1.) Buy a longboard.
2.) Surf with a buddy who rides a shortboard.
That second one probably won’t help the buddy much, but it will help your own chances. According to the book “Surviving the Shark” by Jonathan Kathrein and his mother, Margaret Kathrein, longboards create the image of larger, less vulnerable prey. So you’re less likely to get attacked, the theory goes, if you’re on a bigger board.
And shark research seems to prove that sharks tend to confuse shortboarders and boogie boarders with sea lions more often, although a documented attack of a paddle boarder in Montana de Oro a few years ago proves that size doesn’t always matter.
I just recently got “Surviving the Shark” in the mail, so I haven’t read it yet. (I’m still working on “The Devil in the White City” — not about sharks, though there is a vicious predator in it.) But it sounds intriguing since it’s written by a surfer who was seriously wounded by a shark. Jonathan Kathrein, who was 16 when a great white attacked him in Northern California, eventually became a shark advocate, calling for protection of sharks.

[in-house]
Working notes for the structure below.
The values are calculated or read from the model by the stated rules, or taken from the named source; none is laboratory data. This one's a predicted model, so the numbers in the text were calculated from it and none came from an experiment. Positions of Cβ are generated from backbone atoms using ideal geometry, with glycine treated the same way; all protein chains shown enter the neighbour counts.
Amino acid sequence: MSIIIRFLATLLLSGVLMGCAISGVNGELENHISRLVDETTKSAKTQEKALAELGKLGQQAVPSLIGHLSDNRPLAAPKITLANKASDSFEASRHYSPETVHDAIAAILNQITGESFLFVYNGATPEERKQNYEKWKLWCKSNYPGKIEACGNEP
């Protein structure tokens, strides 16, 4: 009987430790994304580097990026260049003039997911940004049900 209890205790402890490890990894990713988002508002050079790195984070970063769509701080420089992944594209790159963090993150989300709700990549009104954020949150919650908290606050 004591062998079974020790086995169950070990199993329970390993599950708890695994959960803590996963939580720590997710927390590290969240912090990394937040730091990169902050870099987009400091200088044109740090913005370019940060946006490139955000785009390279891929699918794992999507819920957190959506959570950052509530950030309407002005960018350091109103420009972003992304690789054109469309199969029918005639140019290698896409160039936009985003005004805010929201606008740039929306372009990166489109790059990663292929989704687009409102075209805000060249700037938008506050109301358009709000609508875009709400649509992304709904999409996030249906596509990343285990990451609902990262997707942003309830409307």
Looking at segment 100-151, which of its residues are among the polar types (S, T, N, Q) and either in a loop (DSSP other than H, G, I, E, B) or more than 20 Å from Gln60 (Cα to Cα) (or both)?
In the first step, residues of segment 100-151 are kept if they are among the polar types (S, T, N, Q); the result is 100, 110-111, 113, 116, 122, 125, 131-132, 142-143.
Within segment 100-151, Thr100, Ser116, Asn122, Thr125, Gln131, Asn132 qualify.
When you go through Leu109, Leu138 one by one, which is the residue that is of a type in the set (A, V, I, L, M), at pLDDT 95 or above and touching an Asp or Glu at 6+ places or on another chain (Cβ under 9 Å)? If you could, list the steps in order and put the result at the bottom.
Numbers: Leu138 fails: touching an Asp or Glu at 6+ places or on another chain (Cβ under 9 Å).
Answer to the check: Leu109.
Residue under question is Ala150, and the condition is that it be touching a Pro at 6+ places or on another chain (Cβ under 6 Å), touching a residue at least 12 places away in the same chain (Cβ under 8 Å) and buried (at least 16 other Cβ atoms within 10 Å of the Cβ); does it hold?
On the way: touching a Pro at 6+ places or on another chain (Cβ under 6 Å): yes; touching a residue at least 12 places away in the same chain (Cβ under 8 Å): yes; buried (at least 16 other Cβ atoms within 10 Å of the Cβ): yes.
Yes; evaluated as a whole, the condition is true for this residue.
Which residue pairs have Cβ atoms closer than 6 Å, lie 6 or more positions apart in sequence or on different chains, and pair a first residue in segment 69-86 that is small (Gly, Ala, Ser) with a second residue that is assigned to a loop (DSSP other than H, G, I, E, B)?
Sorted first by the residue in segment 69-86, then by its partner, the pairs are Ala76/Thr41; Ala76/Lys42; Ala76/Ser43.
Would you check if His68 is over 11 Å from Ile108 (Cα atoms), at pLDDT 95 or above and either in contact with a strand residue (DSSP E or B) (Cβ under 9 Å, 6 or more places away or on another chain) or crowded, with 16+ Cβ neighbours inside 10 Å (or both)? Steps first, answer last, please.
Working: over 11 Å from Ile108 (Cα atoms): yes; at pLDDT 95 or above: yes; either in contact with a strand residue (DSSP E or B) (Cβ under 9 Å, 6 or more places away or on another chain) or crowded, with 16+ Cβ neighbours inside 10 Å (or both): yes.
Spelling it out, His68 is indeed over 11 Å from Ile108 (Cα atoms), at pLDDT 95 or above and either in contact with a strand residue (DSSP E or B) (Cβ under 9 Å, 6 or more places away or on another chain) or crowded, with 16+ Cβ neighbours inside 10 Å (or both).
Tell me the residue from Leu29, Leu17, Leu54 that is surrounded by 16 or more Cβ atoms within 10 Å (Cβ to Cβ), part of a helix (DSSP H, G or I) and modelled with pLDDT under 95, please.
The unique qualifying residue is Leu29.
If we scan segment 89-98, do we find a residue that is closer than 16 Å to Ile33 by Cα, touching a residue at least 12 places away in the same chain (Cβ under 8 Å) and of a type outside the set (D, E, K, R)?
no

Of course, when I got the book, I had to sneak a peek at the photos, and, sure enough, there are some pretty graphic ones of Kathrein’s injuries. I don’t recommend them for anyone who gets queasy easily — or anyone who plans to go surfing soon afterward.
Alas, Kathrein himself has returned to the water. So if he can sustain a great white bite and return to the lineup, you can probably endure his photos and story.
I’ll give a more detailed account of the book after I finish reading it. Meanwhile, I’ll continue to invite my friend Jay — a boogie boarder — to surf with me. For the conversations, of course.
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